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self-care for caregivers

SANCTUARY self-care lying on grass

“Caring for myself is not self-indulgence,” the writer Audre Lorde once said, “it is self-preservation.”

In the midst of busy lives and demanding relationships, self-care is hard to do.

If you are expending time and energy on your loved one and their addiction issues, you may be struggling to find time for yourself.

Think for a moment about the past week. How much time did you spend on caring for your loved one versus self-care? Were you able to maintain a sense of balance or were there moments when you felt angry, impatient, depleted, burned out, or even sick?

Author and meditation teacher Sharon Salzberg writes about the importance of self-care for caregivers in this blog post. As she explains, being mindful is essential when it comes to giving of our time and energy:

(Photo by mikeywally via Compfight)

It is essential for those in caregiving roles to cultivate self-compassion alongside compassion for others, to create an inner atmosphere of kindness, expansiveness, and awareness in which resilience can flourish. It’s unrealistic to think that anyone can endlessly overlook his or her own needs, and still have the energy and commitment to give fully to others. Even those in professional caregiving roles. Plus, when we are spread too thin, we typically feel a greater tendency to self-isolate rather than to connect. Compassionate caregiving depends on connection.

There is something about just ‘being with’ that is such a fundamental part of sustainable caregiving. Recognizing our fundamental inability to fix, and being able to simply make ourselves available, is something we can learn to do — and to be OK with — as a result of tapping into the power of self-compassion. Acceptance is the energetic opposite of aversion, anger, and fear. It is expansive and warm as opposed to restrictive, imploding, and frozen —, all qualities that we typically encounter when we fixate on the need to fix, to control.

It’s essential for caregivers to consider how they are approaching the art of giving, which is a process that mindfulness can help clarify. Pure generosity emerges when we give without the need for our offering to be received in a certain way. That’s why the best kind of generosity comes from inner abundance, rather than from feeling deficient and hollow, starved for validation.

Sure, there are plenty of people who feel love and compassion for others, but are not able to accept and give care and love to themselves. But this mode of being is just not sustainable. In this kind of situation, care and love cannot be freely given gifts but rather have lots of strings attached, paving the way for resentment and burnout.

Caregiving with resilience first depends on choosing to inhabit a world where we treat ourselves with love, where we know deeply and truly that compassion for ourselves is not weak or self-defeating or an excuse for surrender or passivity. Rather, it is a force that opens the door to a completely different way of relating to others and to our own experience so we constantly grow and change, and continue to serve.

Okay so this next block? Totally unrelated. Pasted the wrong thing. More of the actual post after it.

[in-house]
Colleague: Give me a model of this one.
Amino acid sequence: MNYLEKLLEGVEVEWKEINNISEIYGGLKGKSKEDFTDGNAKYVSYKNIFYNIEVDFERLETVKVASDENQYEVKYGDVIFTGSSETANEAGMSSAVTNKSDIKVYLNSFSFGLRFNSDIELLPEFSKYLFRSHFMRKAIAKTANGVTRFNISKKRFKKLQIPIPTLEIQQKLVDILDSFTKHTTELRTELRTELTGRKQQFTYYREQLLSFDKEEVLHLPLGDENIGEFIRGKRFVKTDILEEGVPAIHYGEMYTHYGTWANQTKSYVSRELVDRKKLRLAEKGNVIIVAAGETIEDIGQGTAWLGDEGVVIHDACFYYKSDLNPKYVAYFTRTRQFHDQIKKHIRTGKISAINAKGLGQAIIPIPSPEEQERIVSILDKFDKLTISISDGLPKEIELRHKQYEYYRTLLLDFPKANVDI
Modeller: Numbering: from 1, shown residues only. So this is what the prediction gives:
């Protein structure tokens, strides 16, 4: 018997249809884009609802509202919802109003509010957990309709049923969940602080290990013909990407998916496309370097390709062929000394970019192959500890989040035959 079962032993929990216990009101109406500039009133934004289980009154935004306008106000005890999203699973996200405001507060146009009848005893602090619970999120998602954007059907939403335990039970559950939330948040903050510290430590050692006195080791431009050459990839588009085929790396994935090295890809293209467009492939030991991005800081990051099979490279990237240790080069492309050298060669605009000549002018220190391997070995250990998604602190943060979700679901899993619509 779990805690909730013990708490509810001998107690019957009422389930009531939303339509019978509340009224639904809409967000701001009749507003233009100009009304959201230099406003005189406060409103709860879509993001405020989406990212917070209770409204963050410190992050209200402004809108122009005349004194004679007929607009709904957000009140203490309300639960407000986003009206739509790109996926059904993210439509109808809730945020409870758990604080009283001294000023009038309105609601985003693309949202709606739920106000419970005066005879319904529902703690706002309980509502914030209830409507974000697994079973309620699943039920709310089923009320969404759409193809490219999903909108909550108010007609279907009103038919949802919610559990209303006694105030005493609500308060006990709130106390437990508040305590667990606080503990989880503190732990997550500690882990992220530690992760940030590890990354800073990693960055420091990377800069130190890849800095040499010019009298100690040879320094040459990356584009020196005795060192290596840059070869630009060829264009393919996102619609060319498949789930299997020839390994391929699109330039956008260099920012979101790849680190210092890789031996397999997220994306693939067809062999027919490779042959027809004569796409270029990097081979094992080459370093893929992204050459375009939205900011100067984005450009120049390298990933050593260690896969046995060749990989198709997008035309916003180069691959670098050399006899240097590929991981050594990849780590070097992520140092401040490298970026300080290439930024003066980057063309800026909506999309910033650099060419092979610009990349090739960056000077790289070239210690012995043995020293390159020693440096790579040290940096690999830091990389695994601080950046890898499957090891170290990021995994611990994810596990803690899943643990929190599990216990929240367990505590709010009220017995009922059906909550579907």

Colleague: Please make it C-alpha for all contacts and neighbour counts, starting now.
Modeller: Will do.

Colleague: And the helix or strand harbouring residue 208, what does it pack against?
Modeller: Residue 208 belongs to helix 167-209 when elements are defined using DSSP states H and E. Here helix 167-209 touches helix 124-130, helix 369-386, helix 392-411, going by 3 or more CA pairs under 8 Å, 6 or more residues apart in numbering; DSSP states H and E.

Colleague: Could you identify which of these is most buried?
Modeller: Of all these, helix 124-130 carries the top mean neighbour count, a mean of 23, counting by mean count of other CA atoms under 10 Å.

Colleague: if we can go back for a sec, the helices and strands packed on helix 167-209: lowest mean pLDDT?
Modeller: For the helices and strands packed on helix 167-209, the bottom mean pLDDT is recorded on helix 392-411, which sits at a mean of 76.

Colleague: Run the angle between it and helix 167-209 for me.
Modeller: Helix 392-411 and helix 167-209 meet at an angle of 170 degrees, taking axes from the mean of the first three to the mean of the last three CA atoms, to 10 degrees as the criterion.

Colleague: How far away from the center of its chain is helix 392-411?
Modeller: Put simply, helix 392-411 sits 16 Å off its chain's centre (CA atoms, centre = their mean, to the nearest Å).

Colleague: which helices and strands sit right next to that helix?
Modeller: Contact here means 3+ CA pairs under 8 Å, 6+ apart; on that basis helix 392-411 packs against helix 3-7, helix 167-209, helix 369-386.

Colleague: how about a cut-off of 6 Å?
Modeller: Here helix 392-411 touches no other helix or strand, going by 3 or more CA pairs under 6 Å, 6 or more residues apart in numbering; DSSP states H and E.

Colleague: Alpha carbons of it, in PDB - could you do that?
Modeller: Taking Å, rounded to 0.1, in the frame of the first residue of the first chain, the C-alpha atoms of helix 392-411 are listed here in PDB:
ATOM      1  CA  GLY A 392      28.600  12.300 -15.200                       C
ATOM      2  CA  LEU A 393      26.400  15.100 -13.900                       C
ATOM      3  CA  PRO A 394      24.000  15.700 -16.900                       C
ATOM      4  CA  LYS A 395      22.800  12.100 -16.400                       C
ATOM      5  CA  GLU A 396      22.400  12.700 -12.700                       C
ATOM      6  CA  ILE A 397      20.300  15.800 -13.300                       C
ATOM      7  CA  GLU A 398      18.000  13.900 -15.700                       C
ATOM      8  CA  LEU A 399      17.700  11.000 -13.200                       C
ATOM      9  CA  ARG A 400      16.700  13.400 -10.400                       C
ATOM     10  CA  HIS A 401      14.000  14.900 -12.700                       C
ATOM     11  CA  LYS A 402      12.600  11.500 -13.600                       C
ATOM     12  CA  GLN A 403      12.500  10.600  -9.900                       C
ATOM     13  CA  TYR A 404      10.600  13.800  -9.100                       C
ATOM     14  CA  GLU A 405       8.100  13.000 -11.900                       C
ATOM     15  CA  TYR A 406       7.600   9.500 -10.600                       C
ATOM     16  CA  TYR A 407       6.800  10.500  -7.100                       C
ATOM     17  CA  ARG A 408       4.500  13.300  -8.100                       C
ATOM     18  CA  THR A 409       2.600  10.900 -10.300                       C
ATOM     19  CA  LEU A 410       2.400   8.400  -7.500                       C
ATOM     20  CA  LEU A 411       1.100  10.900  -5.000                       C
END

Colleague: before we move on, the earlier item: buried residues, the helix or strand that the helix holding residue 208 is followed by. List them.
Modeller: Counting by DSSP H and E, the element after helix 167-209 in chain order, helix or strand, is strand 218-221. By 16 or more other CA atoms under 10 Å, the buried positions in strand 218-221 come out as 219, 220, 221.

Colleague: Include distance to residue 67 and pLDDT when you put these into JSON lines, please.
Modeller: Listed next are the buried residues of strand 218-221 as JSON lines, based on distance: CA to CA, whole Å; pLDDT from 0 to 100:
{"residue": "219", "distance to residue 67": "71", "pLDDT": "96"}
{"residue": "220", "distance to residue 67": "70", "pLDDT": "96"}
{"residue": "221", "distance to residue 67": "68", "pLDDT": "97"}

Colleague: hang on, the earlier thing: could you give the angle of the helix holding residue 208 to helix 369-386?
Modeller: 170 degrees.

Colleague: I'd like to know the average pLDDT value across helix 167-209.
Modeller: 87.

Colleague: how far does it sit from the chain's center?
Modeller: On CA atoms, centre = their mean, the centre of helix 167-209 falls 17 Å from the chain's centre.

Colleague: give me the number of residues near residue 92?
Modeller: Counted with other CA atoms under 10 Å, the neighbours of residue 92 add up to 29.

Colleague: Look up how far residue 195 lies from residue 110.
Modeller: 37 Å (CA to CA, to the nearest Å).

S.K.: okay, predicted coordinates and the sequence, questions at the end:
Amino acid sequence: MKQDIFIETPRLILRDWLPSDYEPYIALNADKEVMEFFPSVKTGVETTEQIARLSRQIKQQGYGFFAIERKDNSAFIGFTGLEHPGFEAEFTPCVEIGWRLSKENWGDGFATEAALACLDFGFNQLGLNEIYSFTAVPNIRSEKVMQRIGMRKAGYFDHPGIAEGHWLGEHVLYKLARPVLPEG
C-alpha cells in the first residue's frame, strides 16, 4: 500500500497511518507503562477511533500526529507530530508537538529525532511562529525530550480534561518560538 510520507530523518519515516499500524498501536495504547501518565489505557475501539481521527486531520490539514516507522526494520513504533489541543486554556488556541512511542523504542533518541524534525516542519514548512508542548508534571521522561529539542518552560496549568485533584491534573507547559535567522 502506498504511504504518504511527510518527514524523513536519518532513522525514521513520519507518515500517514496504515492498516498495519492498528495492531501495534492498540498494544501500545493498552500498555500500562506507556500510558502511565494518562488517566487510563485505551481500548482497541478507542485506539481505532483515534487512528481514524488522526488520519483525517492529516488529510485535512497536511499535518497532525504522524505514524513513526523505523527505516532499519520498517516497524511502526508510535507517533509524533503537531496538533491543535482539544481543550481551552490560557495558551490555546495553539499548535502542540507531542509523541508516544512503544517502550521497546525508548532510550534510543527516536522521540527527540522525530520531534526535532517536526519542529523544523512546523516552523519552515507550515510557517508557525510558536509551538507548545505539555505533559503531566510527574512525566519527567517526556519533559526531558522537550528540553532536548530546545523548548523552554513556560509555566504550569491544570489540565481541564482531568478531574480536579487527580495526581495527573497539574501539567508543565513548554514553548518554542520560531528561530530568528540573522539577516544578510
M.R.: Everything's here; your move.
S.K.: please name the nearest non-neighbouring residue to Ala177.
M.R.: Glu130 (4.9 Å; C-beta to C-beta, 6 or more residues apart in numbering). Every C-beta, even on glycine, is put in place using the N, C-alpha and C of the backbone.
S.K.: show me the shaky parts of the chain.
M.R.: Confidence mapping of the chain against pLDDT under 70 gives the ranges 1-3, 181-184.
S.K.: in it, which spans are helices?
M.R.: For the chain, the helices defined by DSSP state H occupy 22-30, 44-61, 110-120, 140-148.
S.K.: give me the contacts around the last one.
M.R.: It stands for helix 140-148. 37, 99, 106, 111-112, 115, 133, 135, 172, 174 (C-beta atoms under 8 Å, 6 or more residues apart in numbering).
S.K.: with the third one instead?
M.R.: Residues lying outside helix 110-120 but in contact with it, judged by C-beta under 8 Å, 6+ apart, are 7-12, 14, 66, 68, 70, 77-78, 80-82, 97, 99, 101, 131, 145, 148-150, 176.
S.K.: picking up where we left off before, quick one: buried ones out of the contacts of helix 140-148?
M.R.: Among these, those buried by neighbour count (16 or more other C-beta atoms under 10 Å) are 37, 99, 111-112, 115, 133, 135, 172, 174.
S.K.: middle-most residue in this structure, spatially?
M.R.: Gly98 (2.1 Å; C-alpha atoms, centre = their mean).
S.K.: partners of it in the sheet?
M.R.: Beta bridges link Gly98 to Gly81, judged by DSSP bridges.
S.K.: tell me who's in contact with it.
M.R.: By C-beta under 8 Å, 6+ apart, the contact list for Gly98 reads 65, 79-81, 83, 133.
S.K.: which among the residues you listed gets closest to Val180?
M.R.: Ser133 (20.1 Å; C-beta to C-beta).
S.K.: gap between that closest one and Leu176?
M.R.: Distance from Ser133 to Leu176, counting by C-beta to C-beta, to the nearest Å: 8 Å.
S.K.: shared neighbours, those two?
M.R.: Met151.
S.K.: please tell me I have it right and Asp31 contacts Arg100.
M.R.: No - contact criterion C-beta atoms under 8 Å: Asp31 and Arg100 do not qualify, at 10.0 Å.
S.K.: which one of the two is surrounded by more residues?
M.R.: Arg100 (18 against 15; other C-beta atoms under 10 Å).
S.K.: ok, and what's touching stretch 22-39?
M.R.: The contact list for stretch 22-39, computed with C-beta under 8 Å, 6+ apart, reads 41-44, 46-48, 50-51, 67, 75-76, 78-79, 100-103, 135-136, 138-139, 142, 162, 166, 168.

Self-care can take many forms. It might include managing stress, eating healthy meals, getting regular exercise, spending time with a pet, visiting friends, reading quietly, walking, pursuing a hobby, or soaking in a bubble bath. These are actions you can take to show compassion for yourself.

But self-care can also involve your internal, mental state. Perhaps you need to be less critical of yourself. Are you beating yourself up for perceived mistakes or failures? What kinds of negative messages are running through your mind? Are you showing yourself the same compassion you show to others? Are you forgiving yourself and letting go or are you constantly chastising yourself?

Take a moment to close your eyes and listen to your body. How does it feel? At ease and relaxed? Or does your body feel tense and constricted? Where is that tension residing? In your neck or shoulders? In your hands or feet? Do you feel overwhelmed by emotion? What feelings are bubbling up as you scan your body? What thoughts are running through your head? Are you at ease or do you feel exhausted or tired of trying to fix things? Record the answers in your private journal.

Now think about self-care. Have you been taking enough time for yourself or is this an area that needs more attention? What does “self-care” mean to you? What specific activities relieve stress and make you feel more calm? Is your mind overwhelmed with negative self-talk? If so, how can you change those internal messages to be more compassionate and forgiving? Answer these questions in your private journal, then write a list of activities that nourish your body, mind, and spirit.

Choose at least one of these activities and add it to your calendar for the coming week. Even better, schedule one self-care activity per day. Consider roping off a specific time for yourself each day and sticking to it, as if it were a doctor’s appointment or a meeting. When you find yourself exasperated, angry, or depleted, return to your journal entry for ways to relieve stress and show compassion for yourself.



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